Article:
Fordham University            The Jesuit University of New York

Letter from Dean Nancy Busch

Dean Nancy Busch
Attention West Coast GSAS alumni.

Dean Nancy Busch will visit Seattle and California in October for two upcoming alumni events.

On Thursday, October 29, she will host the Seattle Alumni Reception at the Space Needle, 400 Broad Street, Seattle, Wash.
The event runs from 6 to 8 p.m. 

On Friday, October 30, she will be at the Azari Winery for the Northern California Alumni Reception.
The winery, which is owned by Kamal Azari, Ph.D., GSAS ’88, is located at 1501 Springhill Road,
Petaluma, Calif. The reception, which includes a complimentary wine tasting, starts at 7 p.m.

All GSAS alumni are welcome. For more information, contact Sara Hunt at (212) 636-6523

Rigorous scholarship and critical thinking are the foundation of the Graduate School of Arts and Science’s (GSAS) academic programs. Our students, an impressive group of ambitious and passionate scholars, continue to enhance GSAS’s reputation as one of the most prestigious graduate schools in the country.

Last year, GSAS students delivered 172 presentations at national and regional professional conferences, published 72 chapters and peer-reviewed articles, and won 51 prestigious national and international awards, including 11 Fulbrights, three Pollie Awards, two Presidential Management Fellowships and one Folger Institute Grant-in-Aid.
Numbers seldom tell the whole story. Consistent with the Jesuit tradition of education, GSAS emphasizes the development of the whole person and the fulfillment of each individual’s potential. Because we seek to create change agents, a Fordham GSAS education extends beyond the academic foundation and provides opportunities to put knowledge into action.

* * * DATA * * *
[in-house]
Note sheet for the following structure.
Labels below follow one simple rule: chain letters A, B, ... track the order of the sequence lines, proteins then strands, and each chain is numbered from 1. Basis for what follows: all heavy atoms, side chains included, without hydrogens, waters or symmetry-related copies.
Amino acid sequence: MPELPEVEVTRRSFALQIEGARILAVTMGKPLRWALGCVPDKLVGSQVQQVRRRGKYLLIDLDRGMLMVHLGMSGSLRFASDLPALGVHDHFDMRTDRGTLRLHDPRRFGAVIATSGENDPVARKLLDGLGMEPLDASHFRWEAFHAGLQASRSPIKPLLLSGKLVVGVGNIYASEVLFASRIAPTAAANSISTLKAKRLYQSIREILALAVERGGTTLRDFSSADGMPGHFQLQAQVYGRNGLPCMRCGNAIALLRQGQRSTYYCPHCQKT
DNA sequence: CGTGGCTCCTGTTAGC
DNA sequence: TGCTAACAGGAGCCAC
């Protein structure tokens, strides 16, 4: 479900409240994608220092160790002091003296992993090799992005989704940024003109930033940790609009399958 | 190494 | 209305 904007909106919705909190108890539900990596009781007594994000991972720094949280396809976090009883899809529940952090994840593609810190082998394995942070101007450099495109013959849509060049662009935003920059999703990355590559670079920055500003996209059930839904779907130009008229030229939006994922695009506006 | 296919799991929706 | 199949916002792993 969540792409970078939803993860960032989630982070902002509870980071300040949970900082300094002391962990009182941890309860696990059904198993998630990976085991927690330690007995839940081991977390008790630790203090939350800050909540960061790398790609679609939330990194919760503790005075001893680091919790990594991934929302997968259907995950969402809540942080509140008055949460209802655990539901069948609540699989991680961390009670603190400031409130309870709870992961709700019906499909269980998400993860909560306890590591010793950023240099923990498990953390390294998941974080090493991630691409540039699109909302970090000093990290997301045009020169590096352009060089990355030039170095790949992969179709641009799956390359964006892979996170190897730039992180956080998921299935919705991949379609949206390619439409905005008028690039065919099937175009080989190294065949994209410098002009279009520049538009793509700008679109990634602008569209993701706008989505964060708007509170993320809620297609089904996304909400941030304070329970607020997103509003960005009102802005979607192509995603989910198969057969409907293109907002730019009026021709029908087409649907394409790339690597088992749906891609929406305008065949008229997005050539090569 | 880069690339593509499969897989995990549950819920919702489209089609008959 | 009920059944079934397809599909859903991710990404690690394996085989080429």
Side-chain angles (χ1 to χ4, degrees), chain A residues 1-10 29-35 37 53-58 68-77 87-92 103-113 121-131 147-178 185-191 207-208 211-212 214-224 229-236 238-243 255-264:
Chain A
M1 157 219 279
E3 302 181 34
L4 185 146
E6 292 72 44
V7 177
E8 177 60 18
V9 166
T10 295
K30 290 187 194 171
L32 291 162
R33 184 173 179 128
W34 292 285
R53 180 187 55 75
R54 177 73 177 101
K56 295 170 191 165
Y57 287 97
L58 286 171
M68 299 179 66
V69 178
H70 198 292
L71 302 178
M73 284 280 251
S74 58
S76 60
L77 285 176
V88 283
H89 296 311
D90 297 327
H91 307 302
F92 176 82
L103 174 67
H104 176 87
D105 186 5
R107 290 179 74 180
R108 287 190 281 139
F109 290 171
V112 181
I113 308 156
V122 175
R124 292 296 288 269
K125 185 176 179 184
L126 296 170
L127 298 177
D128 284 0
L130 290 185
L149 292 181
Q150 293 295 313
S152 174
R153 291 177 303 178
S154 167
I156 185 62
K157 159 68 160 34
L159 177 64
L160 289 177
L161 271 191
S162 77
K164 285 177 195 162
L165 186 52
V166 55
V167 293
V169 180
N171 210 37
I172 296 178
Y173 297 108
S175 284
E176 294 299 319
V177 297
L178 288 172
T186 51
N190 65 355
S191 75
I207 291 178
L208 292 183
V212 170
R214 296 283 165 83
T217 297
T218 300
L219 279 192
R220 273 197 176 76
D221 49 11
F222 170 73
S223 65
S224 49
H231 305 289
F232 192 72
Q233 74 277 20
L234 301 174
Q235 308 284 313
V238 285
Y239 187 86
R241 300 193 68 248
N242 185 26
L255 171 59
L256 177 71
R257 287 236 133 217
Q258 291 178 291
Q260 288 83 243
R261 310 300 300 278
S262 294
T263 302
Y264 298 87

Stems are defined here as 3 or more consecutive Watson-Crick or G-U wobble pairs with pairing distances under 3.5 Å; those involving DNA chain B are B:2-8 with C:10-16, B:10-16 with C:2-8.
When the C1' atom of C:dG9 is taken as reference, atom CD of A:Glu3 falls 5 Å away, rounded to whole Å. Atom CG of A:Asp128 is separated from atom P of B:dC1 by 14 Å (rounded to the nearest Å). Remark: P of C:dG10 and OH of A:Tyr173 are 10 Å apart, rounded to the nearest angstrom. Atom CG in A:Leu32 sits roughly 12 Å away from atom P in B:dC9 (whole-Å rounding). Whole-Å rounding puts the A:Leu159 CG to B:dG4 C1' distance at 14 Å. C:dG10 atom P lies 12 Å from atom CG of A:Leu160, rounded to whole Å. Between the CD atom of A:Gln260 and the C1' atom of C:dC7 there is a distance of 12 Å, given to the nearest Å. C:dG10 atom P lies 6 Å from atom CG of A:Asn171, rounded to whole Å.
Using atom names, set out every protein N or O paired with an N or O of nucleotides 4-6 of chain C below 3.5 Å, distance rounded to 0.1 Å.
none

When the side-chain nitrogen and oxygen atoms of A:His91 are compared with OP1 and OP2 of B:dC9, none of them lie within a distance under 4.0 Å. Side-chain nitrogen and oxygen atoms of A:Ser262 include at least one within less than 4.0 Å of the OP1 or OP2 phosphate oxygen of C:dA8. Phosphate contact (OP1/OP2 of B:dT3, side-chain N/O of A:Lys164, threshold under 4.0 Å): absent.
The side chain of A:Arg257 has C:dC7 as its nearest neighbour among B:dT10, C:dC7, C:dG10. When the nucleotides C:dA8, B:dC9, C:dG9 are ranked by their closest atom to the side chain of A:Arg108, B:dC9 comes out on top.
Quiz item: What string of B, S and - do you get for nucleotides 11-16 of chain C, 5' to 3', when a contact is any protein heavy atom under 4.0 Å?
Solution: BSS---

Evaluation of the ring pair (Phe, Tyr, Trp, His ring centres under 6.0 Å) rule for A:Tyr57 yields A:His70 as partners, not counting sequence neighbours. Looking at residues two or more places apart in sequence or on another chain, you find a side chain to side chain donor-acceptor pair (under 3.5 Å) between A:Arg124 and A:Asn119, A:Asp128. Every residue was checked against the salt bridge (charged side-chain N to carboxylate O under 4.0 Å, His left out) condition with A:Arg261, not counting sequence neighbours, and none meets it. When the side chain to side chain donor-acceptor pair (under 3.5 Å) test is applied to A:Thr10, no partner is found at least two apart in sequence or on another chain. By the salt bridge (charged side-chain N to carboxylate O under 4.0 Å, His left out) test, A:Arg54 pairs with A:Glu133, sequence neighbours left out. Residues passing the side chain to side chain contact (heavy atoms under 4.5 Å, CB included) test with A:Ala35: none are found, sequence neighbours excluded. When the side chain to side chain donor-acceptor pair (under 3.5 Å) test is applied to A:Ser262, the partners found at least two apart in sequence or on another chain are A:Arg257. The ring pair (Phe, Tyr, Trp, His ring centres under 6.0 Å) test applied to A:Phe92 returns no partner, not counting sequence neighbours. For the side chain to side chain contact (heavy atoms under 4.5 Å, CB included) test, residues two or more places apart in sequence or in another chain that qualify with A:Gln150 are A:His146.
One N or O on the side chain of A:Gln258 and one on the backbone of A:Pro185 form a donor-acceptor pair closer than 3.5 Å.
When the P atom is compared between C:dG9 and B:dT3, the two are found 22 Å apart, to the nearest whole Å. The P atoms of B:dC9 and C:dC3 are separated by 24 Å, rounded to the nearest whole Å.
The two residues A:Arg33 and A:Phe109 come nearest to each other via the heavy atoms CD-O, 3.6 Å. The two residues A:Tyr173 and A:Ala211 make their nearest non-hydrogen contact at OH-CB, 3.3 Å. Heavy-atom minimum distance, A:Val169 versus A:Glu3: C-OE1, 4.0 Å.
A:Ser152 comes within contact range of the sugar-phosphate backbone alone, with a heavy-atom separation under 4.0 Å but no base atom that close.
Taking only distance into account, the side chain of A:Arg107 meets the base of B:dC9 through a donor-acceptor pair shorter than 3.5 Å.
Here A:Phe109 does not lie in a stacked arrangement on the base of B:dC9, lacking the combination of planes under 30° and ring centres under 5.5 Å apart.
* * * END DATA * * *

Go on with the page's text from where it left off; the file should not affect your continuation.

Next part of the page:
As I write this, heads of state are meeting in New York City for the United Nations summit on global warming. Fittingly, many of the articles in this issue of Communitas detail the efforts of alumni and faculty to gain and apply knowledge about the interconnectedness of human activities and the Earth’s living systems. The change agents profiled in this issue remind us that the Jesuit tradition has always been concerned with the process of discernment and making choices that consider not just the individual and the here and now, but the human community and the times to come—and argue persuasively for action to make humanity more humane and the future more green.

Nancy A. Busch, Dean, Graduate School of Arts and Sciences

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